Given today's impending apocalypse, I am reposting an excerpt from my 3-part post on political messiahs and scapegoats. First, though, a brief comment on the relationship between scapegoating and apocalyptic narratives.
Scapegoating is a temporary solution to the problem of the ever-present tension between the good and bad within each of us. Apocalyptic fantasies represent the final solution to this problem. In a post-apocalyptic world, the all-bad objects are separated from the good, consigned either to final destruction or permanent quarantine in a sealed, inescapable, all-bad place.
In the all-good world that is left, purified good beings are no longer stalked by evil and its ultimate manifestation, death. There is no more loss, no more anxiety. An apocalypse can be thought of as an all-inclusive, cosmic-level scapegoating to last for all time.
In the Christian narrative, Jesus is the ultimate scapegoat whose death is the precursor to the the final cosmic cleansing.
Everything Melanie Klein had to say about projective identification and splitting is relevant to the discussion of apocalyptic narratives. The connection between splitting and the final judgment is especially obvious.
The excerpt from my earlier post begins below the fold.
When Melanie Klein began her pioneering work, it was believed that children couldn't undergo psychoanalysis because their real psychological ties to parents were too strong to manifest themselves in a transference relationship with a psychotherapist. But Klein noticed that when she "played" with children in therapy, they would often assign her a specific role to play. She would become a character in the child's story. She compared role-assignment with transference in adult analysis.
Klein assumed that these assigned roles represented a part of the child's inner world because the roles corresponded with the child’s general mood and frame of mind. Thus, the assigned role was a window into the child’s inner life. Klein also saw role assignment as a way for the child to reduce anxiety. Troubling aspects of experience, aggression for example, could be put into the therapist, providing a measure of anxiety reduction.
The projection of unwanted parts of the inner world into others is called projective identification. Projective identification isn't simply seeing unwanted parts of one's interior world in others; projective identification entails real pressure on the object of the projection to both experience and act on the projected impulse.
Did you ever have the experience of an angry person doing their utmost to anger you? Have you noticed, as well, that they may feel better after they succeed? They may even derisively ask: what's wrong with you?
The provocateur in this situation denies the provocation and makes it all about the reaction to the provocation. That's projective identification. Klein realized that the recipient of the projection has an experiential window into denied aspects of the internal world of the person relying on projection to alleviate anxiety.
Projective identification is an essential dimension of scapegoating and scapegoaters sometimes go to outrageous lengths to provoke scapegoats into reactions that will confirm the scapegoater’s projection. An intuitive understanding of projective identification is behind a stance of deliberate calm in the face of insult that many African-Americans routinely adopted in the past. And I think most of us are acting on an intuitive understanding of projective identification when we refuse to let someone get our goat.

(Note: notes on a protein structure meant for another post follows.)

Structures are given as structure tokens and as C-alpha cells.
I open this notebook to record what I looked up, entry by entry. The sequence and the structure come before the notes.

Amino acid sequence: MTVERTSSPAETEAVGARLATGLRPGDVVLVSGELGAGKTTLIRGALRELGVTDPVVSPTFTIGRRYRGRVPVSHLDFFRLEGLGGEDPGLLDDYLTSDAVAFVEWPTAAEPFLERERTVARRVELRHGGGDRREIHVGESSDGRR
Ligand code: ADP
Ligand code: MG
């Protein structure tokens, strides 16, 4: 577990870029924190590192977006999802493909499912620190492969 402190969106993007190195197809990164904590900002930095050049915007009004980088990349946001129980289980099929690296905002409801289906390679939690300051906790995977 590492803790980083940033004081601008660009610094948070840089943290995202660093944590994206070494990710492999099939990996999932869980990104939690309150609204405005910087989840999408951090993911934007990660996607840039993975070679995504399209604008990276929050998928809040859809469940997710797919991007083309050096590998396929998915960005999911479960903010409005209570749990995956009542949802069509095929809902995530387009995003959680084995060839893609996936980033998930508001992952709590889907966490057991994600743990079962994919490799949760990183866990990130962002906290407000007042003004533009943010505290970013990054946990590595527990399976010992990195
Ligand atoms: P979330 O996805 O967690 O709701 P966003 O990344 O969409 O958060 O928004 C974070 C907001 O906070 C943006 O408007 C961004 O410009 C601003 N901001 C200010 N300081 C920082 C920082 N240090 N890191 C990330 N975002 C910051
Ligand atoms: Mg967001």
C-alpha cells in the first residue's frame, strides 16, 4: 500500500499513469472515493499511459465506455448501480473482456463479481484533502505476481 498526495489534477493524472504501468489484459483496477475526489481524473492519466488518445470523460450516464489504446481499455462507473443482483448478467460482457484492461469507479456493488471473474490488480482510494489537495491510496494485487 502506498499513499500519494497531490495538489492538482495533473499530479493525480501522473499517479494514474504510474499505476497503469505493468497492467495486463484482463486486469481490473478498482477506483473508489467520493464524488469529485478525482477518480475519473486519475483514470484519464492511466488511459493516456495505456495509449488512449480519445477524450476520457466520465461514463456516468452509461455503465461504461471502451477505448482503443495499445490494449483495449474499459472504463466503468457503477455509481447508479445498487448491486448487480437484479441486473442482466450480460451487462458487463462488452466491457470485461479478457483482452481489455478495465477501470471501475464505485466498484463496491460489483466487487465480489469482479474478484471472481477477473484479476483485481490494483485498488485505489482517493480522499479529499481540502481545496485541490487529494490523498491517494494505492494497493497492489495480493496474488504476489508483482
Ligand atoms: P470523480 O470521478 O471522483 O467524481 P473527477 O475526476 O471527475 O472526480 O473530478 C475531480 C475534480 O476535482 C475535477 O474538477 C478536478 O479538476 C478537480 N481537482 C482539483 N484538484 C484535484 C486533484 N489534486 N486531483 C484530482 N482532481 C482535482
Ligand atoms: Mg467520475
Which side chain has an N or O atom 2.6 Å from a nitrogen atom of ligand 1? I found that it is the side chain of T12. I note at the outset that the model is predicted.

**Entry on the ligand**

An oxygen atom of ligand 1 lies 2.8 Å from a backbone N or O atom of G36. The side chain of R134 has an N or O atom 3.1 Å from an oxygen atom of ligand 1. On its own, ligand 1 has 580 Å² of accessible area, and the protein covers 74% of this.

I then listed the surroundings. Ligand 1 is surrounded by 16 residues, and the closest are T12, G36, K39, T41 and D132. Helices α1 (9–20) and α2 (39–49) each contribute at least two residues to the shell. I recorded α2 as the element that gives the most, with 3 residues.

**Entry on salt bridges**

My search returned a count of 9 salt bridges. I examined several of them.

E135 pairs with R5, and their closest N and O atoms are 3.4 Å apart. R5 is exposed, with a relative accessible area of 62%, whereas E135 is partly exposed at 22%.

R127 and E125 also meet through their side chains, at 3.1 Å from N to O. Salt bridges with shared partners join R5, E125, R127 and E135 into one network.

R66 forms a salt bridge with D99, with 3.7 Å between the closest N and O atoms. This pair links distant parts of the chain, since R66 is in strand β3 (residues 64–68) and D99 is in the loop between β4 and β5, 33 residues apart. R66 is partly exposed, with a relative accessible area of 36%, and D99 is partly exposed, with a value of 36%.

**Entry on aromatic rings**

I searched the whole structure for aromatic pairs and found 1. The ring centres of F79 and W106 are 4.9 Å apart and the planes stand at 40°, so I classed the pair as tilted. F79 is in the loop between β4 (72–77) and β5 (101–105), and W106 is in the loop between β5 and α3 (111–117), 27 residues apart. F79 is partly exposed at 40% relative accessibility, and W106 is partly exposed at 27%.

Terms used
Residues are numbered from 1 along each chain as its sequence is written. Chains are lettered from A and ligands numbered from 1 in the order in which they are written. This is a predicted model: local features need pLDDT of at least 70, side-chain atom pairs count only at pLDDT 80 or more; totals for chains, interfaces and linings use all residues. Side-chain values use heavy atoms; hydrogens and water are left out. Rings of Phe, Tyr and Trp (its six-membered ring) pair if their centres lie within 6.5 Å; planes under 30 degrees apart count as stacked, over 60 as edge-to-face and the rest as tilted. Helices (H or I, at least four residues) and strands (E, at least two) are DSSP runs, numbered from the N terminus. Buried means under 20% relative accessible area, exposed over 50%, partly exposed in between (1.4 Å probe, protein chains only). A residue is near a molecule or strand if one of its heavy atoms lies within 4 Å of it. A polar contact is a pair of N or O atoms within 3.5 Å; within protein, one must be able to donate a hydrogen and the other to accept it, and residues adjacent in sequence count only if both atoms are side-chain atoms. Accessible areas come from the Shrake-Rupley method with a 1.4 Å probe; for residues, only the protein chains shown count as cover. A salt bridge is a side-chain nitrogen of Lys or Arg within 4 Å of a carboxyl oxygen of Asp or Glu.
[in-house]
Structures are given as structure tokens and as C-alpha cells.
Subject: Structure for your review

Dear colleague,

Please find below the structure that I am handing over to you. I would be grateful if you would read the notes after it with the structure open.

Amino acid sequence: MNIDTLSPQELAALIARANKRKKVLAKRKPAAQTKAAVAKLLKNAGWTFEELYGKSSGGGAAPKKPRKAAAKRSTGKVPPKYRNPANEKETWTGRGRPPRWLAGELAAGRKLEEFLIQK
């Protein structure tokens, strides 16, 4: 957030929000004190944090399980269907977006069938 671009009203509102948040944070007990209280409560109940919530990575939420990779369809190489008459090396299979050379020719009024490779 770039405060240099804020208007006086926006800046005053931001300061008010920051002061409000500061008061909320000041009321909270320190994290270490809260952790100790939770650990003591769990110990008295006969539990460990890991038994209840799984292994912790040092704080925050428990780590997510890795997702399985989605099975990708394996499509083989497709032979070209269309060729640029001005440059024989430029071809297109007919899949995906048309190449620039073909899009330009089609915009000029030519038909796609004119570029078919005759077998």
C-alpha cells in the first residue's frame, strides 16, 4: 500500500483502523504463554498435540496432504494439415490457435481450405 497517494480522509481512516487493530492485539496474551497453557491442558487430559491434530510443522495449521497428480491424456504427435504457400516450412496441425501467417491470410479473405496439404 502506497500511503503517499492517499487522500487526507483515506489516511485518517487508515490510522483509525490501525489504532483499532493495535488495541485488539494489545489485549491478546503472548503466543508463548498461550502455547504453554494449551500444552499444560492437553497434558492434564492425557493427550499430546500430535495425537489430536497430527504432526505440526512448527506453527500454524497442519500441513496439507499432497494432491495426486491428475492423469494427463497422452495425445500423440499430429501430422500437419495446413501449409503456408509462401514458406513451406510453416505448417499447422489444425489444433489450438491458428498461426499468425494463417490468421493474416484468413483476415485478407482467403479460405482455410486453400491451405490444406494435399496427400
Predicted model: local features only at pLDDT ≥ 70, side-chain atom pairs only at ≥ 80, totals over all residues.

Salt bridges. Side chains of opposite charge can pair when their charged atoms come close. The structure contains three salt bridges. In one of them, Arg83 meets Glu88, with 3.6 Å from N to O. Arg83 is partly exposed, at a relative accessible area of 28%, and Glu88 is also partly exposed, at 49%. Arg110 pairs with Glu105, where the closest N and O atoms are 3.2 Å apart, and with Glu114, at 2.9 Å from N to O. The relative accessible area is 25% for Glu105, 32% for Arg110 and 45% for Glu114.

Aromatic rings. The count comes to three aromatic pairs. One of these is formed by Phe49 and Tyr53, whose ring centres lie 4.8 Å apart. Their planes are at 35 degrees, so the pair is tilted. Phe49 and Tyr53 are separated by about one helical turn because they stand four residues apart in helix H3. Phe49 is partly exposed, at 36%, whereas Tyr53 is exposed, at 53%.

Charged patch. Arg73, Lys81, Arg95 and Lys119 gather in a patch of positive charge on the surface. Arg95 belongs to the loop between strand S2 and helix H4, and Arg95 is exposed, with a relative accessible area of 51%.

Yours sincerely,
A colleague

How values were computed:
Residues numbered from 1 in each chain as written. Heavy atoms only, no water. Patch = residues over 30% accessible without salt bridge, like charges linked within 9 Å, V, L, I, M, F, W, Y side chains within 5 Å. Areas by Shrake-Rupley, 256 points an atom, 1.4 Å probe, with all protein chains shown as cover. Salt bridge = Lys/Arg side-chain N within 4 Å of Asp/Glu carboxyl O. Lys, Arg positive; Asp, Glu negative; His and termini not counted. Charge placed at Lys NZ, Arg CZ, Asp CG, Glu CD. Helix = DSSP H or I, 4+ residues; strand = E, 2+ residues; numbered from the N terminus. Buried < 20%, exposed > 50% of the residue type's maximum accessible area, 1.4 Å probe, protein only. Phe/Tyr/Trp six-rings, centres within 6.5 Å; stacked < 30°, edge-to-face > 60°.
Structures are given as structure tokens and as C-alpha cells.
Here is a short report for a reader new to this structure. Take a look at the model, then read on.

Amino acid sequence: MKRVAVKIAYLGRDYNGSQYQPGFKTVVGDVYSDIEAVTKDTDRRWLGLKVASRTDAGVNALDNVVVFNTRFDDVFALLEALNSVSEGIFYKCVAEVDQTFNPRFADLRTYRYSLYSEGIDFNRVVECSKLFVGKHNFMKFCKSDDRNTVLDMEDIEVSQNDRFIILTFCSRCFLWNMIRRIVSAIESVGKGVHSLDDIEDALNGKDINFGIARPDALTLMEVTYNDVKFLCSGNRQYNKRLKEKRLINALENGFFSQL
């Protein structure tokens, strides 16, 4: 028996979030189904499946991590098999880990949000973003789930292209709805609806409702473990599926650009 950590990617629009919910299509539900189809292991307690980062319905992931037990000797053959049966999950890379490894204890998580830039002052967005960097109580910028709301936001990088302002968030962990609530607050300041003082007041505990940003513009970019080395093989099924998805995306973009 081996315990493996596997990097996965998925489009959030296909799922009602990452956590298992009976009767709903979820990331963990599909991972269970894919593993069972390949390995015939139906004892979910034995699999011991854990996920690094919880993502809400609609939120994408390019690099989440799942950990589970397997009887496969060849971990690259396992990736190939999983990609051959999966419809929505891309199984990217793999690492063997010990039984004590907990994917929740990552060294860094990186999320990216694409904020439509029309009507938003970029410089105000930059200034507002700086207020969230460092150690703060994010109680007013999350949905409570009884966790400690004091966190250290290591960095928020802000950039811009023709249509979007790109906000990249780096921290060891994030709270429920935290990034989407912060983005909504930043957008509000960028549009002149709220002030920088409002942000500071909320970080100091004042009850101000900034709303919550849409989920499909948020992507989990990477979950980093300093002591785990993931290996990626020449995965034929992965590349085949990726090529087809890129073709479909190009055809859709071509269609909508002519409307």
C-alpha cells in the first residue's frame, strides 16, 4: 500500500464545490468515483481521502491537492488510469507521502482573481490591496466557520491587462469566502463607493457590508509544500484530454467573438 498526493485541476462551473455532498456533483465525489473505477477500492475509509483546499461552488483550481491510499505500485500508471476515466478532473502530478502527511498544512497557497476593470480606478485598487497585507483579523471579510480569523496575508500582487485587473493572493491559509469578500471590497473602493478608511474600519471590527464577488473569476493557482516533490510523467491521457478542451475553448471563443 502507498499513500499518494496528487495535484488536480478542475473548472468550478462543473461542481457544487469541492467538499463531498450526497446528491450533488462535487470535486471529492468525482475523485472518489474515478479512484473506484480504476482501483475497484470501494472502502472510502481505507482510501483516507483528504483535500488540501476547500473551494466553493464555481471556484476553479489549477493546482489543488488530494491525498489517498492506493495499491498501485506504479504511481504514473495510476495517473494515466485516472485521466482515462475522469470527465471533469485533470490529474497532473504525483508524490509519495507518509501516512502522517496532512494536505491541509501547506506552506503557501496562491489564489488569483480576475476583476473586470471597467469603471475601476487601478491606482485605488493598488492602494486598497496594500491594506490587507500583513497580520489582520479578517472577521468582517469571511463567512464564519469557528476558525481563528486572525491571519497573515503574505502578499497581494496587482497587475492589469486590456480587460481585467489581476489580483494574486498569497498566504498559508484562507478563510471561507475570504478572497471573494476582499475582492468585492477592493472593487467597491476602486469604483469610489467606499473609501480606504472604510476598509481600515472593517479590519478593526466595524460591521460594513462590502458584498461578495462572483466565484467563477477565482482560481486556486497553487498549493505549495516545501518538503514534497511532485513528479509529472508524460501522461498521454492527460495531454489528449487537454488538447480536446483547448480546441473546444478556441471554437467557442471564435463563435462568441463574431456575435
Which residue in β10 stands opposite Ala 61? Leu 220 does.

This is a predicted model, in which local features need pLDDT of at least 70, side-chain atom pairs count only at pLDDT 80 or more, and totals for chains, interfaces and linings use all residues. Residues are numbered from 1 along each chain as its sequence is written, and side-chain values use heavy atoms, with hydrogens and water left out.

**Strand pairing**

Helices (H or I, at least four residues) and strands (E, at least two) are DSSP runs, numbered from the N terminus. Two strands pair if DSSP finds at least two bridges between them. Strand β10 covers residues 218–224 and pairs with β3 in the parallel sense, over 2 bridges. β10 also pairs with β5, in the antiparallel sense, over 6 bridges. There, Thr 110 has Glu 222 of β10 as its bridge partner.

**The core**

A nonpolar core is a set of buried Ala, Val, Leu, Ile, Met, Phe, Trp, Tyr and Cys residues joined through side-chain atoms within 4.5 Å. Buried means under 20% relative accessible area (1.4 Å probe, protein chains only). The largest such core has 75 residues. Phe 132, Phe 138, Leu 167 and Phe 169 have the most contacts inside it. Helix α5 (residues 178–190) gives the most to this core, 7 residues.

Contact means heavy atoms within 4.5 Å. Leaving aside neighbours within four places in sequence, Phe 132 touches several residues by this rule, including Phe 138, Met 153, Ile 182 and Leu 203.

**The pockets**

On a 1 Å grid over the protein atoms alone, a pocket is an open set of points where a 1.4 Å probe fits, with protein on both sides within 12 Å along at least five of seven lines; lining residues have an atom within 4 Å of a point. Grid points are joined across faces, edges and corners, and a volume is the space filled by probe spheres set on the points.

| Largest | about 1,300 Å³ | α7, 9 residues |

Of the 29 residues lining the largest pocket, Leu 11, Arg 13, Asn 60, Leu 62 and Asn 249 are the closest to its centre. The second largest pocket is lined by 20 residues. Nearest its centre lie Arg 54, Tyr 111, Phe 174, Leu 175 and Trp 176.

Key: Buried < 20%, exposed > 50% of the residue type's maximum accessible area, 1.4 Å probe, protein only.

Projective identification is one of two principle defenses employed in what Klein called the paranoid-schizoid position of mental life. The other principle defense in the paranoid-schizoid position is splitting. (Paranoid refers to the projective defense and schizoid refers to the splitting defense.)
In infants, good and bad internal states are very transitory and split between all-bad and all-good. In this position, bad feelings are poorly moderated by good feelings. One little bad thing can immediately ruin everything.
Splitting-off and projecting the bad into an external object (e.g. a person) protects the good that is left behind. Sometimes when a child misbehaves, she will indignantly blame Mommy for her own misbehavior. When this happens, the child is protecting the good in her internal world by splitting-off, projecting and attacking the bad which has now been relocated into Mommy. To the child, Mommy who caught me in my bad behavior is actually the bad one and I am the good one who scolds bad Mommy. If Mommy uncritically accepts the projection and rages back at the child, the projective identification has succeeded in flying colors, because Mommy is now acting like a crazy, bad person.
Most scapegoats, including politicians confronted with ridiculous accusations, face a dilemma. If they react too strongly, they risk affirming the scapegoater’s projection; if they fail to react strongly enough, they may be assumed to be guilty simply because they haven’t defended themselves vigorously enough. Unlike Mommy and Daddy, politicians can’t send raging scapegoaters to time-out until they get a grip, but I wonder if this is why a subset of American conspiracy mongers believes the government has secret internment camps waiting for them. Perhaps they’re anticipating retaliation or, at least, a time-out reaction for all their paranoid attacks. I’d go even further and hazard the interpretation that the internment camp fantasy could be a therapeutic fantasy. The camp will put a stop to escalating paranoid fantasies.
And therein lies the very serious downside of the paranoid-schizoid position. The position is, essentially, psychotic because the psychological boundary between internal and external is deeply compromised by the need to split-off and project the bad. While it can be said that splitting and projective identification alleviate anxiety, relief is achieved at some cost to realism.